A Peek at the Peak of Peak Stupidity in Stock-Market Euphoria

Celebrate because the Epocalypse is here!

Today, I read an exasperating article on Zero Hedge. You can find it here in order to know what I’m carrying on about below:

10 reasons to be bullish

I’m not saying that there is no chance of a big rally that becomes the defining characteristic of what happened to stocks on the way to the market in October, in spite of my own claims that said I believe we’re going to see some horrendous months for stocks this fall. As a matter of fact, things could not be looking worse so far for my “anticipation” that we’d likely see a “horrendous” October surprise to start the plunge. I could be all wrong; and, given how close we are to the end of October, that appears likely. So, this isn’t about that. It’s about some of the bases given in the article for believing in a smokin’ hot rally, which certainly came from someone smoking something hot.

It is really about the thinking exhibited throughout media analysis all year long, with just this article form ZH as a demonstrable case in point.

I begin with Uber Bullheaded Psycho Reason #1:

On top of everything we have also not really had that insane bear market rally yet in 2022

Seriously??? This to me shows how extreme bulls will be in stretching like Rubber Man to reach for a reason to rally.

The summer rally was as extreme as bear rallies typically get. So, this is pure narrative-seeking. In fact, nearly everyone was talking about how extreme the summer rally was and using its apparently indomitable strength to claim, “This is it; the bull has returned; we’re going on to new highs.” And then it broke right where most massive bear rallies break — at or near the 61.8% fibonacci retracement level — right where you would expect it to. At least, right where I said I expected a true big bear rally to break.

I described that bounce of the normal bear ceiling here. That was when the market began its latest plunge right when and where I concluded about ten days later it had, in deed, put in its high bear-market rally turn. I was able to call it as route back to a new low along the bear’s trail because it looked EXACTLY like the kind of scorching bear-market rally one would expect, even at that exactly that many days into the bear market, with the turning point right at the ideal peak.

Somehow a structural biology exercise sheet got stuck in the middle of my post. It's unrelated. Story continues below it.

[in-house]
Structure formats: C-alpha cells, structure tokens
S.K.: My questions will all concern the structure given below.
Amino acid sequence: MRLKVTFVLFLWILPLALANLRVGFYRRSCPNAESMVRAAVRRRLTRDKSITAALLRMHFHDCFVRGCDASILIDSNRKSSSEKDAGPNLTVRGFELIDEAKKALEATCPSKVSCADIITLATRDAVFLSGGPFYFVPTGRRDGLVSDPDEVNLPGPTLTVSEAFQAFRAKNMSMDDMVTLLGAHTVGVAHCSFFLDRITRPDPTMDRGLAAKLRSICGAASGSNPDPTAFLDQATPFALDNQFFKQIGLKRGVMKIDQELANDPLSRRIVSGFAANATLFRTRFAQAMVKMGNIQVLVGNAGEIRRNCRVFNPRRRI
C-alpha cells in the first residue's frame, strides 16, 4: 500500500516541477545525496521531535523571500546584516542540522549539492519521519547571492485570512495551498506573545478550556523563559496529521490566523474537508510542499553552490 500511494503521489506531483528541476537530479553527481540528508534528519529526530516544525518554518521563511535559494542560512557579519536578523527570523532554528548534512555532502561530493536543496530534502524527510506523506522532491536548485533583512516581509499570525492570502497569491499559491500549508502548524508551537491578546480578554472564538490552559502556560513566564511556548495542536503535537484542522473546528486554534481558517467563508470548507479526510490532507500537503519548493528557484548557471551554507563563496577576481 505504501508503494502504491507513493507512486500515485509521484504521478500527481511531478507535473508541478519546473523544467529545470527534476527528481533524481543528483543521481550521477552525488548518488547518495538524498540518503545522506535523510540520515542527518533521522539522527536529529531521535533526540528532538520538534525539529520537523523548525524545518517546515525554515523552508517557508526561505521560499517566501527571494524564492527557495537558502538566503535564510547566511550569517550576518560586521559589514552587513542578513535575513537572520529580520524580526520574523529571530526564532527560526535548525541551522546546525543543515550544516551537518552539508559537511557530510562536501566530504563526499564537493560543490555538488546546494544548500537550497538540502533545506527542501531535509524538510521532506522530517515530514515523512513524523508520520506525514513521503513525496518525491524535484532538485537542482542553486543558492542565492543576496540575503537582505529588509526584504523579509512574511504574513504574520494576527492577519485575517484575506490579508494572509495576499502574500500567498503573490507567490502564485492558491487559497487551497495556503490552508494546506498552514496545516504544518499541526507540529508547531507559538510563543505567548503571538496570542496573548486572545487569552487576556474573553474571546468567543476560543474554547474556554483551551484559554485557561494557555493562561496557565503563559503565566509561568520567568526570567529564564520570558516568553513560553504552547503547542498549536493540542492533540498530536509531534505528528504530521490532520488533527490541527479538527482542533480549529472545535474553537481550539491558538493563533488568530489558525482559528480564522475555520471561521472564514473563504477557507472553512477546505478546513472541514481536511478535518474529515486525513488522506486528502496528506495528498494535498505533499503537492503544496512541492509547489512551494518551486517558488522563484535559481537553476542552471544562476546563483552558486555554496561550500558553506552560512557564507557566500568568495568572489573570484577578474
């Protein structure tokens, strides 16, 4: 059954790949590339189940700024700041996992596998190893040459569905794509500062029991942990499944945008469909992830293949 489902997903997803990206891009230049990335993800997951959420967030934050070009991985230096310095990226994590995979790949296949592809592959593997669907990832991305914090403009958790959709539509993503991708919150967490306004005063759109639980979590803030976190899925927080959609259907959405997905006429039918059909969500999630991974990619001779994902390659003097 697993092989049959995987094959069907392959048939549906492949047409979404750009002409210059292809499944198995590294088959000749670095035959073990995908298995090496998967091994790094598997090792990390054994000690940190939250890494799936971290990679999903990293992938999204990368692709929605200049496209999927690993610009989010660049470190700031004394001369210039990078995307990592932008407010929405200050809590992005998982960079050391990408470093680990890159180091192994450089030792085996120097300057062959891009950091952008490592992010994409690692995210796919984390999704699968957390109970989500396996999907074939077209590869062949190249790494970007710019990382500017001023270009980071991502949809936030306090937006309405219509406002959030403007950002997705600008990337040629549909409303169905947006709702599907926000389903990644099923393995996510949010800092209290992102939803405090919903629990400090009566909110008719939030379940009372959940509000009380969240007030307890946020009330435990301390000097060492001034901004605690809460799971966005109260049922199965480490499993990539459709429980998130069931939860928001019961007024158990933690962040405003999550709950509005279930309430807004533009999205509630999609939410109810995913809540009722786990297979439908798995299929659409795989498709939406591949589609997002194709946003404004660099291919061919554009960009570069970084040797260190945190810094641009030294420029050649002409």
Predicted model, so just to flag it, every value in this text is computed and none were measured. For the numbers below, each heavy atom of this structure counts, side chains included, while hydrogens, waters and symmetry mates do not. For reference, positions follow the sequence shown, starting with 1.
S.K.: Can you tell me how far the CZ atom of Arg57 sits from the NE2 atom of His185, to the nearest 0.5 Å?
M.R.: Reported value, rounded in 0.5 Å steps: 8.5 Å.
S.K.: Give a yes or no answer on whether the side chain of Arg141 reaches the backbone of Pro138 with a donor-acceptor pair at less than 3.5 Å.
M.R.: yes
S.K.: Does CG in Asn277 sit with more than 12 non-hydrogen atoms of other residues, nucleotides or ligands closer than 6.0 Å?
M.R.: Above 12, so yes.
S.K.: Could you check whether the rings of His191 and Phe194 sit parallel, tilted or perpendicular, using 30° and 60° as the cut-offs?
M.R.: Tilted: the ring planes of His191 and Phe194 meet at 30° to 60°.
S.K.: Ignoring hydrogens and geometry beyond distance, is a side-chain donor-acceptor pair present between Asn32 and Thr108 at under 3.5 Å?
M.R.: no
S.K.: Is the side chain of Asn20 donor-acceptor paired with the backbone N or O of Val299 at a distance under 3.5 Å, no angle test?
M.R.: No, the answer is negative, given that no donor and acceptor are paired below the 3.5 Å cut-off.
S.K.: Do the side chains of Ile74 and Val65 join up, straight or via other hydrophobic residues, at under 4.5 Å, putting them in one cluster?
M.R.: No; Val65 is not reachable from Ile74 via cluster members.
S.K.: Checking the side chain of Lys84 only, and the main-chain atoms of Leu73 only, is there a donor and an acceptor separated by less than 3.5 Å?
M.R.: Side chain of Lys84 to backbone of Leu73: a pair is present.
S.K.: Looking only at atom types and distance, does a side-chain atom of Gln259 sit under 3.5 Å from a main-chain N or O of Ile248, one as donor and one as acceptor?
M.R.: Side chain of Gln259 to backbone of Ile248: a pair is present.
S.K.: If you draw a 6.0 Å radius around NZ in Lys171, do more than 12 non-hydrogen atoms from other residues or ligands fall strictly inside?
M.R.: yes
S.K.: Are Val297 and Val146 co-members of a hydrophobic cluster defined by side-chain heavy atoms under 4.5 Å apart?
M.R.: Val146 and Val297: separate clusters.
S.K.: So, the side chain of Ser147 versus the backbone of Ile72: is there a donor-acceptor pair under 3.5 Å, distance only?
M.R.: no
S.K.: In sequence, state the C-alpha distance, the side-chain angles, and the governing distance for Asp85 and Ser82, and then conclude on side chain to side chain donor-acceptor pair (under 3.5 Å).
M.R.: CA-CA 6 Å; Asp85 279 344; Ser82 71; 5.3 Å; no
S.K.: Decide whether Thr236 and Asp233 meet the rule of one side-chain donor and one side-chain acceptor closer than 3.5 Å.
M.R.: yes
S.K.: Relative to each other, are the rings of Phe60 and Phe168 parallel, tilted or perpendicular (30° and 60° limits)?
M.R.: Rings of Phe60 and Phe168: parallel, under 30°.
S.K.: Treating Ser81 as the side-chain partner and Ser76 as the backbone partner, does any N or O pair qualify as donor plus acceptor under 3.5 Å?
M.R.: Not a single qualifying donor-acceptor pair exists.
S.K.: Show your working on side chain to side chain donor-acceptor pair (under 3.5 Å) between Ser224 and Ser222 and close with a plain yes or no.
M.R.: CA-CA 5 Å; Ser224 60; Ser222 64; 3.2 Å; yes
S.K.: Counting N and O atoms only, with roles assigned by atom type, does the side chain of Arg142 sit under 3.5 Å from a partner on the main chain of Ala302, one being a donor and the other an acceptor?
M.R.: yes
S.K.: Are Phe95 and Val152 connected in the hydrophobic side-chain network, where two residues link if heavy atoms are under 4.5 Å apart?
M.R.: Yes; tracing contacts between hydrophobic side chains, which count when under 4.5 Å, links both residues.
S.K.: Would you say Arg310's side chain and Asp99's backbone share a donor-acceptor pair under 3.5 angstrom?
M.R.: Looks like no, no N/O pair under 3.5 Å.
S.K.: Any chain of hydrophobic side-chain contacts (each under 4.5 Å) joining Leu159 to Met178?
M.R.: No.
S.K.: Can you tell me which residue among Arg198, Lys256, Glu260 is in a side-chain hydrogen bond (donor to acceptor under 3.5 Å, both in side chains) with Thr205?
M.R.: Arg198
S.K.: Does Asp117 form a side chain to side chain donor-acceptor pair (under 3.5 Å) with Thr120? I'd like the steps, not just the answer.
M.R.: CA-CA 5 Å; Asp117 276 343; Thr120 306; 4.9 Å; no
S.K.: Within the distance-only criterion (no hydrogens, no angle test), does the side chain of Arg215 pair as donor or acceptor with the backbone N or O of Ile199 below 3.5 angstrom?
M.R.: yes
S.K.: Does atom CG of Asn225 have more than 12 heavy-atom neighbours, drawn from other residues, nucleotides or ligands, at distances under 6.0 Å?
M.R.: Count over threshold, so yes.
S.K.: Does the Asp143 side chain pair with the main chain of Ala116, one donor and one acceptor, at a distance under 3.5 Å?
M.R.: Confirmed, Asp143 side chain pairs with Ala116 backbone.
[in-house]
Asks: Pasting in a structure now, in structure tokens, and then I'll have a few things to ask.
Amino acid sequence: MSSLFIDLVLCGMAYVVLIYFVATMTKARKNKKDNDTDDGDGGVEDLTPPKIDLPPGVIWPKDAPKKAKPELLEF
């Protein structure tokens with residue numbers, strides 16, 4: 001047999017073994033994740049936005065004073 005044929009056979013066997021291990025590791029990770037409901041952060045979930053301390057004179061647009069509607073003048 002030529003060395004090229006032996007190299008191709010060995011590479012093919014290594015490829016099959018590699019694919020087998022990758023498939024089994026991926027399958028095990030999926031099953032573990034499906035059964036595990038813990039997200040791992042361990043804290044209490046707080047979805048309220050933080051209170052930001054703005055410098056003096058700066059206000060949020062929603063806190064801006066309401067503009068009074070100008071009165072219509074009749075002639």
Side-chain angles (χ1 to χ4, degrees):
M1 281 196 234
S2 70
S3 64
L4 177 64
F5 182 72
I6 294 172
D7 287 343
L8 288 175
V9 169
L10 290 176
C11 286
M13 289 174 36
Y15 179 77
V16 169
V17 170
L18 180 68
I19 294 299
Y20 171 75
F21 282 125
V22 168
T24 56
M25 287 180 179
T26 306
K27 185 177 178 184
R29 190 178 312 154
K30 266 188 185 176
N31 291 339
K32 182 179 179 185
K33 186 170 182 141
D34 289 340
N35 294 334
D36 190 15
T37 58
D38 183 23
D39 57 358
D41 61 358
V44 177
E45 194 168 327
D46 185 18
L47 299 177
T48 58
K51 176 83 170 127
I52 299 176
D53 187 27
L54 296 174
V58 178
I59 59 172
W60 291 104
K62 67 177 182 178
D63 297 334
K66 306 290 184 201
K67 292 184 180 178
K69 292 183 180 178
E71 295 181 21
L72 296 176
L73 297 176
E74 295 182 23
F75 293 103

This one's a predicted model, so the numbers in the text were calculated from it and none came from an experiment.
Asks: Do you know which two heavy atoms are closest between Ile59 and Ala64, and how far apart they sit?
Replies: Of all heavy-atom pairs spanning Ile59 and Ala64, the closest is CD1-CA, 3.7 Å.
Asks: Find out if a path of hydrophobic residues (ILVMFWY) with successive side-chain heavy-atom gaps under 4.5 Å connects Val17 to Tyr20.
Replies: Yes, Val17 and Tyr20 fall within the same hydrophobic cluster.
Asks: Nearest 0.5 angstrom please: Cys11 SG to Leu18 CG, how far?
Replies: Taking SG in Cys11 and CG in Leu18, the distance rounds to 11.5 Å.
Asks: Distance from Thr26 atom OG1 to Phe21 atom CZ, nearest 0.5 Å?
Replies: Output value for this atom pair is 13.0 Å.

I’ve heard it many times this summer, so I get TIRED of hearing these endless bullheads state, “But we have’t had the big melt-up rally yet.”

The melt-up this summer was, in fact, ONE OF THE STEEPEST BEAR RALLIES ever seen and went as fully high up as one ever expects a bear-market rally to climb. So, it was no surprise here that the market fell from that point to a new bear-market low and then a lower low.

Plus bear rallies are not melt-ups in the sense of the ones that come before the very top of a bull market where we make the downturn into a bear market. This one began, as all “bear rallies” do, well INTO the bear market. So, there is no basis for what is typically called a melt-up at all. The bear was FULLY established after a much earlier melt-up top.

The summertime rally was a BIG bear rally, and is all you can expect to get. That doesn’t mean another can’t happen, or that it isn’t happening now; but it is beyond absurd to claim one hasn’t already happened, so one is owed to you. You don’t get “melt-ups” in the traditional market-topping sense in the middle of an already long bear market. So, to suggest we need another melt-up before the bear goes down further is beyond Rubber-Man stretchy to say the least.

This is just PERMABULLoney, trying to game a new narrative to try to inflate a new rally out of nothing but the bull’s testosterone and endless hot air!

Uber Bullheaded Psycho Reason #2

Last time equities defied rates like this was, contrary to conventional wisdom, actually a very good time to buy equities.

No, actually, it was not. In fact, that is such a gross misrepresentation that it looks for all the world like an outright lie. I don’t know how you can even make that as a mistake. At which of all of the Fed’s rate increases would it have been a smart time to buy equities: